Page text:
Our previous favorite is back in an updated induction-compatible version: it cooks steadily, browns evenly, has a stay-cool handle, and is well-balanced and relatively lightweight.
The cooking surface was slick, both when new and after extensive use, and food never stuck. It’s one of the lightest models we tested, so it was easy to lift and maneuver, but it was also sturdy and resisted denting. All of our testers liked its wide, comfortable handle. Like every other model, its surface became scratched when we used a knife as if to cut a frittata, but it otherwise held up well.
Like our favorite highly recommended full-size Dutch oven, this smaller pot’s light-colored interior and low, straight sides allowed us to easily monitor browning, and its large looped handles made it easy to move, even when filled with 4 pounds of short ribs. It had excellent heat retention, and French fries emerged golden brown and crispy. The one drawback? Its shorter stature meant that a pile of short ribs were slightly cramped; however, the end result was still excellent.
Our old favorite fits a good amount of food, and we love its new telescoping handle: When the handle is extended to the full 4 inches, it's easy to grip to move the steamer in and out of the pot. The handle can also collapse to 2.5 inches when the steamer is in the pot or for compact storage. Our only quibbles? The metal leaves are a bit finicky to clean and bent a little during testing, though the unit remained perfectly functional throughout.
Our winner excelled in comfort; it was light and maneuverable, with rubbery grips on both the pot and the lid. It heated fairly quickly, thanks to its thinner 3/16-inch-thick bottom, though we did have to keep an eye on sautéed onions to make sure they didn't scorch. Still, it was a trade-off we were happy to make, as this model's minimal heft and comfortable U-shaped handles made it easy to carry and pour from.
With a basket made from a single smooth spiral of thick wire, this beautiful, long-handled, well-balanced spider was easy to maneuver and clean and capable of handling fragile ravioli with care. But that elegance came at a price—the highest in our lineup. And while some cooks thought its lower profile allowed them to get up under food more easily, the shallow basket simply couldn’t hold fried chicken as securely or pick up as many fries or ravioli in a single pass.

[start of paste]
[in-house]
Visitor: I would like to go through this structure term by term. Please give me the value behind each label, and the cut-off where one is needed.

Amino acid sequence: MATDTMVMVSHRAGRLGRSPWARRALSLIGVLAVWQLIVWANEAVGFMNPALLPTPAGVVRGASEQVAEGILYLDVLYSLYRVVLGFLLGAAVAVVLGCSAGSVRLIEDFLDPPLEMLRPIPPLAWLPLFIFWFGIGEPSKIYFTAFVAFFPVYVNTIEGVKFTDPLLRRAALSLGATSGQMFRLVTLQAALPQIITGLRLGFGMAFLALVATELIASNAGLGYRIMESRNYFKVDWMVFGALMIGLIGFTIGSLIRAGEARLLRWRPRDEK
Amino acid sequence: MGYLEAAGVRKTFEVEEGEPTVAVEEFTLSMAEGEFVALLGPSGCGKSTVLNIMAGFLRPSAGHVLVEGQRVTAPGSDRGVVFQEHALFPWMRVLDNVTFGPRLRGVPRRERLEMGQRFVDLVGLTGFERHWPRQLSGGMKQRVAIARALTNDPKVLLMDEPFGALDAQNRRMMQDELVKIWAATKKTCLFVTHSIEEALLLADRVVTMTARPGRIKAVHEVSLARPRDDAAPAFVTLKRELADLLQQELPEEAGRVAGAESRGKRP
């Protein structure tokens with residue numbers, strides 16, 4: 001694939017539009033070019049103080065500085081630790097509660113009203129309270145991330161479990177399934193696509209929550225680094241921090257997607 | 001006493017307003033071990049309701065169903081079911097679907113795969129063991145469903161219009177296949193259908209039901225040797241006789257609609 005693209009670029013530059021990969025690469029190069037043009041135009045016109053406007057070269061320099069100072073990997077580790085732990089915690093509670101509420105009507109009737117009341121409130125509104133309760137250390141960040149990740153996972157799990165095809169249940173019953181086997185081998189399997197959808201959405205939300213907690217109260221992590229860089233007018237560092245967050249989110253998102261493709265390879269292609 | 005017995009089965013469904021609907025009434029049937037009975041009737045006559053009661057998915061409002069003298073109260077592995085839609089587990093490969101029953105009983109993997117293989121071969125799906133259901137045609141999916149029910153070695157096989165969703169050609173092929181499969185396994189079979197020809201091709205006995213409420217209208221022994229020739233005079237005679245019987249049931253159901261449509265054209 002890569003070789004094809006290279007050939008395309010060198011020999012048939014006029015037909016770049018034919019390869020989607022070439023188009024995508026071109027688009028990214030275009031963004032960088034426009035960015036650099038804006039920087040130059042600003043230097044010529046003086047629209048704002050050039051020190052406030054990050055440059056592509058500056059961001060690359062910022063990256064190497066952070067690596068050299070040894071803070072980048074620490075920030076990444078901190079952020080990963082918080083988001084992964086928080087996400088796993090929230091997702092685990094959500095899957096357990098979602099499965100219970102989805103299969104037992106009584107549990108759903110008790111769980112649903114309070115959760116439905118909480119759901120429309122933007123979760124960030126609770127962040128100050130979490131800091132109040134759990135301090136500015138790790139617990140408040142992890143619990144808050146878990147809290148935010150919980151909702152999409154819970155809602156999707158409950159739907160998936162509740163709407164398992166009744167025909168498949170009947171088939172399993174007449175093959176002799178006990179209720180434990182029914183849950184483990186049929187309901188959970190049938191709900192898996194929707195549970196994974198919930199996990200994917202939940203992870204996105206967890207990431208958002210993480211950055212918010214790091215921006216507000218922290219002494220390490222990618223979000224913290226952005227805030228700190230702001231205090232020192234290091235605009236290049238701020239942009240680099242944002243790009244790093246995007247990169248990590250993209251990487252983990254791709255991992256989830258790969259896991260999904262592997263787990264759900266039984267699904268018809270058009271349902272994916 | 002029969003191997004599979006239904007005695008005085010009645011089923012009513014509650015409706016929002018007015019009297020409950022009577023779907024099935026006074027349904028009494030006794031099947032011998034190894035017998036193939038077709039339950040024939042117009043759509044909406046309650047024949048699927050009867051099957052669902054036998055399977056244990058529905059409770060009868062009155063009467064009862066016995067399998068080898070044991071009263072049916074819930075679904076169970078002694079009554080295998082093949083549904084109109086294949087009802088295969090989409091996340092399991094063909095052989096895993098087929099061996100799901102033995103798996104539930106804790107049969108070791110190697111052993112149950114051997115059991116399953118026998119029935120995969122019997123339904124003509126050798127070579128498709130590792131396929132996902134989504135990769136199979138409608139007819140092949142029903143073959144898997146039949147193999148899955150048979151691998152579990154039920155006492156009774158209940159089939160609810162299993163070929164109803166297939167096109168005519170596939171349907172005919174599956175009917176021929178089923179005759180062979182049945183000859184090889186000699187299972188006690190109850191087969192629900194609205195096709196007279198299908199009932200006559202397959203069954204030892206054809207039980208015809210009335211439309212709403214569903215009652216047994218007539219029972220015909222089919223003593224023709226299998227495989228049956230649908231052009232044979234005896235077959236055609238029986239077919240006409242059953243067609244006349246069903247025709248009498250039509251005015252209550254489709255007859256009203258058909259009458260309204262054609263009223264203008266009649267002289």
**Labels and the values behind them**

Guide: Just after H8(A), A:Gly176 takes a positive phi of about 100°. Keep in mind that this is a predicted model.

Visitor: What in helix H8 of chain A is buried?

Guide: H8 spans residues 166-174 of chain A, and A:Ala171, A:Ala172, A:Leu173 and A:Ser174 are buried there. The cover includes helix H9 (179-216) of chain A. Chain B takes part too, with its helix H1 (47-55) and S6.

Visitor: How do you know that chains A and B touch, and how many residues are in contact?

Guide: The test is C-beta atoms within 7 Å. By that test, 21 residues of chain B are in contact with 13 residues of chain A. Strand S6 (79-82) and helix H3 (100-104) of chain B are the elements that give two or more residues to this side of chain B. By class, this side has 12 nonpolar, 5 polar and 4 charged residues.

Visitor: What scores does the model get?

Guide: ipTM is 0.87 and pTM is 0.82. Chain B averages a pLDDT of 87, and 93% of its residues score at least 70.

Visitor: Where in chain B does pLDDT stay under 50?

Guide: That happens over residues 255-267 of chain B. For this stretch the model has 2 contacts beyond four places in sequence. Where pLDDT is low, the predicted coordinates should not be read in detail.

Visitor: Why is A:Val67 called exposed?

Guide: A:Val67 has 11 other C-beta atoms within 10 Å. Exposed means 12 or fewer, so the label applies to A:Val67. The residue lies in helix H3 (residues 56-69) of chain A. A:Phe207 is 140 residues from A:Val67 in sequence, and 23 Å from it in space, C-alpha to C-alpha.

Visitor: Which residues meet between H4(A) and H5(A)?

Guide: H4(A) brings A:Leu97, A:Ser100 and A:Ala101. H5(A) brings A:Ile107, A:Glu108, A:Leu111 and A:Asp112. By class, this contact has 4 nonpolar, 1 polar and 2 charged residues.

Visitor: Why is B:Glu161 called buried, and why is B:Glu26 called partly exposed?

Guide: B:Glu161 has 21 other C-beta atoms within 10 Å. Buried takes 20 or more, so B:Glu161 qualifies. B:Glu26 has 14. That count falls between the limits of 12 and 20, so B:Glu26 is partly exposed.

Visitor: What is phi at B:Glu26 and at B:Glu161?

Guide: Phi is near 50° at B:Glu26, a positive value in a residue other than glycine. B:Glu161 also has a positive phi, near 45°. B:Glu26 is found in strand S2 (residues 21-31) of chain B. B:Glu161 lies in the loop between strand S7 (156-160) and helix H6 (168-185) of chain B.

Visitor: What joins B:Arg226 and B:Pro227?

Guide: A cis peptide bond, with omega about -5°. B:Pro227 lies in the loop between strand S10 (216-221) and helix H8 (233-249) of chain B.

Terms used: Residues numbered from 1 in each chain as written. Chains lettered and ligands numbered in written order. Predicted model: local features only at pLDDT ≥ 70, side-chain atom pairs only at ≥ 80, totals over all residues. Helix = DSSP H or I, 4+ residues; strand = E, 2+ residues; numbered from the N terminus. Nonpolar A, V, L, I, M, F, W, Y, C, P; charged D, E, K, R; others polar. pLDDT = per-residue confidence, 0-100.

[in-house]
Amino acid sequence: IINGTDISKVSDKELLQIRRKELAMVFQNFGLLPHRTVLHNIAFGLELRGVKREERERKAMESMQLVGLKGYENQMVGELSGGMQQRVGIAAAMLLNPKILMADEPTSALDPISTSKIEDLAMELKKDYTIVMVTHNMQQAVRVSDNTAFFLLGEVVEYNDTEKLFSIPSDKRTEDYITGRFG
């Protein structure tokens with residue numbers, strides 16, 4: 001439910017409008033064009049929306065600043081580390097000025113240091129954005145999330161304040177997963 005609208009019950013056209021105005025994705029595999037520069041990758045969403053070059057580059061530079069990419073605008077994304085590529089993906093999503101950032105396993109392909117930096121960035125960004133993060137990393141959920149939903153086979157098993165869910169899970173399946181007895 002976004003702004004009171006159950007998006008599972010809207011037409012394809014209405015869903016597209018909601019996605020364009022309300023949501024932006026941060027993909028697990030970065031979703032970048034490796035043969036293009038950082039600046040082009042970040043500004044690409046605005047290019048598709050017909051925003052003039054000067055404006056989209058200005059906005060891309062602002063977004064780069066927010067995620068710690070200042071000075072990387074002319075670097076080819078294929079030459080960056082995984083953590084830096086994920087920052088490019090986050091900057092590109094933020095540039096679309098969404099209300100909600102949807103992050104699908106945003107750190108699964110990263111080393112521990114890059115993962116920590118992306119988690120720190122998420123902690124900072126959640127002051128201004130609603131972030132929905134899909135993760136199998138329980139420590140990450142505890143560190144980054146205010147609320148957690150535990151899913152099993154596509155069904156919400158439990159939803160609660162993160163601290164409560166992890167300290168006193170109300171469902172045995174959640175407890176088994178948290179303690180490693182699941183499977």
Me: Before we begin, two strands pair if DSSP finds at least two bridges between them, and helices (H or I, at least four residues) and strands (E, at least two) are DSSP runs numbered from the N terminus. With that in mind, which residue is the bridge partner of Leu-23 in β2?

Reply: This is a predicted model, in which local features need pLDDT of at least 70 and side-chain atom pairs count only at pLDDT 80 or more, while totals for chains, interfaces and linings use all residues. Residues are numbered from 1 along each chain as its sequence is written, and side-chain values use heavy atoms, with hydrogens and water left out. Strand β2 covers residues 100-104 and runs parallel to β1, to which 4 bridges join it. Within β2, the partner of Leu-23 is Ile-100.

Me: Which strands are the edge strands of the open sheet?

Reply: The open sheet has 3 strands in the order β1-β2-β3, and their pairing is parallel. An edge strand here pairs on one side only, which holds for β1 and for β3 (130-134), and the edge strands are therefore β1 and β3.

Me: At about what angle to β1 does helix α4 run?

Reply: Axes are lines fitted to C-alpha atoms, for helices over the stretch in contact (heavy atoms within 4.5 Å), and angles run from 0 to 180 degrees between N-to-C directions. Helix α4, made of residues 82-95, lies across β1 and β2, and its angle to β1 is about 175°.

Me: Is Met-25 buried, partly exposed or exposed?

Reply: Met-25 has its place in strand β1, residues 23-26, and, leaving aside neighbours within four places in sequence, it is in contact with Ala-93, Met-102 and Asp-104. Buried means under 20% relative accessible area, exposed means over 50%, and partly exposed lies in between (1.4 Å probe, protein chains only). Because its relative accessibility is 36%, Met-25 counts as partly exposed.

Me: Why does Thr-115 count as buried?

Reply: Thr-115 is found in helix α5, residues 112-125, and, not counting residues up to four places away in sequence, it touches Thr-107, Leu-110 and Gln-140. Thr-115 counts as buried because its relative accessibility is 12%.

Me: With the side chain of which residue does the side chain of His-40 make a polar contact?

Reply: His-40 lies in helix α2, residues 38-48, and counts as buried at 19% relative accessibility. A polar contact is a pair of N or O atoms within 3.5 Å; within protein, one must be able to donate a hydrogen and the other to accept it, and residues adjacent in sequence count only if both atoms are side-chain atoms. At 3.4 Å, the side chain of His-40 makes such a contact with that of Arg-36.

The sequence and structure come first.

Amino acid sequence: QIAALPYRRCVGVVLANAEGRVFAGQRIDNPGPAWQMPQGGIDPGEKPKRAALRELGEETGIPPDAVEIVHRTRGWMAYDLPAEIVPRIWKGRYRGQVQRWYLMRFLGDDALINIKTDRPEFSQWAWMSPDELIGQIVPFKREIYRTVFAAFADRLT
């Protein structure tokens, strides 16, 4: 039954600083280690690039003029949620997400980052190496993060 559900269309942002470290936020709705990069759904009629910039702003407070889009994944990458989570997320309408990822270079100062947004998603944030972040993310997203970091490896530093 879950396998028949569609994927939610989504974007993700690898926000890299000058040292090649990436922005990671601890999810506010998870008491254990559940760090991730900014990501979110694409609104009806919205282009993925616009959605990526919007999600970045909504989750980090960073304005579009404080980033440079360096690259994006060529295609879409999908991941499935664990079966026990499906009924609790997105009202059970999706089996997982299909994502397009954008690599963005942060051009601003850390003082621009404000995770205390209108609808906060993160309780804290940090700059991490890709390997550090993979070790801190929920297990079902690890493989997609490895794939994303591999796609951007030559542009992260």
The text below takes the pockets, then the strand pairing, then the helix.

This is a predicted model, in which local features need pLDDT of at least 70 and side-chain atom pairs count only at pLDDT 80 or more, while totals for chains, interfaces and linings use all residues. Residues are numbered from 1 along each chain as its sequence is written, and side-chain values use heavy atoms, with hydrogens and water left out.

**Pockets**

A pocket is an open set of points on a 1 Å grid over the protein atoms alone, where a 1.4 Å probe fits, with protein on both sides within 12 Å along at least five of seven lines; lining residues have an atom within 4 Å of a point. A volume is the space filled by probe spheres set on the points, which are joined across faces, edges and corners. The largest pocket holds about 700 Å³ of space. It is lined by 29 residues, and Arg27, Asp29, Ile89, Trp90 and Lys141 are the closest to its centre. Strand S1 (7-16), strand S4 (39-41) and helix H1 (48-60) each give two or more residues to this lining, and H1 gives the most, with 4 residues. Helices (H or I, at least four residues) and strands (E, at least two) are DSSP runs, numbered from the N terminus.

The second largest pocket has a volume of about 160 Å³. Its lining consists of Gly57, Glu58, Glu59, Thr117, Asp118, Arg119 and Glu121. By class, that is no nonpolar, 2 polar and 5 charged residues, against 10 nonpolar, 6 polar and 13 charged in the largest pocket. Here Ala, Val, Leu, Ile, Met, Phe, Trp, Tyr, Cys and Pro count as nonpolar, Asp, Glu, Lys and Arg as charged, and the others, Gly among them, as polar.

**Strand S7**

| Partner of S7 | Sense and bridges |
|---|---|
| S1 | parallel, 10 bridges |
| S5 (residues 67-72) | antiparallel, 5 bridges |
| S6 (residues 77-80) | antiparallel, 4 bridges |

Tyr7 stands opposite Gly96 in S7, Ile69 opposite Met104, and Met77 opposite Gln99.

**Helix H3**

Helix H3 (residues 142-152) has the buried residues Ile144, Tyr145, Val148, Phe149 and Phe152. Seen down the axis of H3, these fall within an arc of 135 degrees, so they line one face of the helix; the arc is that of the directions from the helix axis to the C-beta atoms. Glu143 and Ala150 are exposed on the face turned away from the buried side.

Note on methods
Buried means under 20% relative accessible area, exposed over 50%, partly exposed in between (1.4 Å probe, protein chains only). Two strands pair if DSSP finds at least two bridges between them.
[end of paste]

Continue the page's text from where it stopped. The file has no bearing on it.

Still the best—and a bargain—after 20 years, this knife’s “super-sharp” blade was “silent” and “smooth,” even as it cut through tough squash, and it retained its edge after weeks of testing. Its textured grip felt secure for a wide range of hand sizes, and thanks to its gently rounded edges and the soft, hand-polished top spine, we could comfortably choke up on the knife for “precise,” “effortless” cuts.
Update: November 2013 Since our story appeared, the price of our winning Victorinox Swiss Army 8" Chef's Knife with Fibrox Handle has risen from $27.21 to about $39.95. We always report the price we paid for products when we bought them for testing; however, product prices are subject to change.
Our previous winner turned in an admirable performance. Its medium-size teeth bit into cheese, lemons, and whatever else we used it on with speed and ease. It was as sharp at the end of testing as it was at the beginning, and it looked just as good, too. Its rounded plastic handle was comfortable, though harder and not as grippy as that of our winner, so we docked a few points; it also has the same cheese trenching problem. It remains a great option.
With all-over tiny perforations that don’t allow small foods to escape, our longtime favorite colander has a draining performance that remains unmatched. Its 1 1/8 inches of ground clearance was enough to keep nearly all the drained pasta from getting hit with backwash. The model cleans up nicely in the dishwasher, and its handles are slim but still substantial enough to grip easily.
This light, smooth bamboo spoon was broad enough to churn bulky stews, yet small enough to rotate a single chunk of beef without disturbing surrounding pieces. Its rectangular handle was comfortable to grip; its head had the most surface area in contact with the pan, so it excelled at scraping fond. Stain-resistant, it emerged after testing looking closest to new.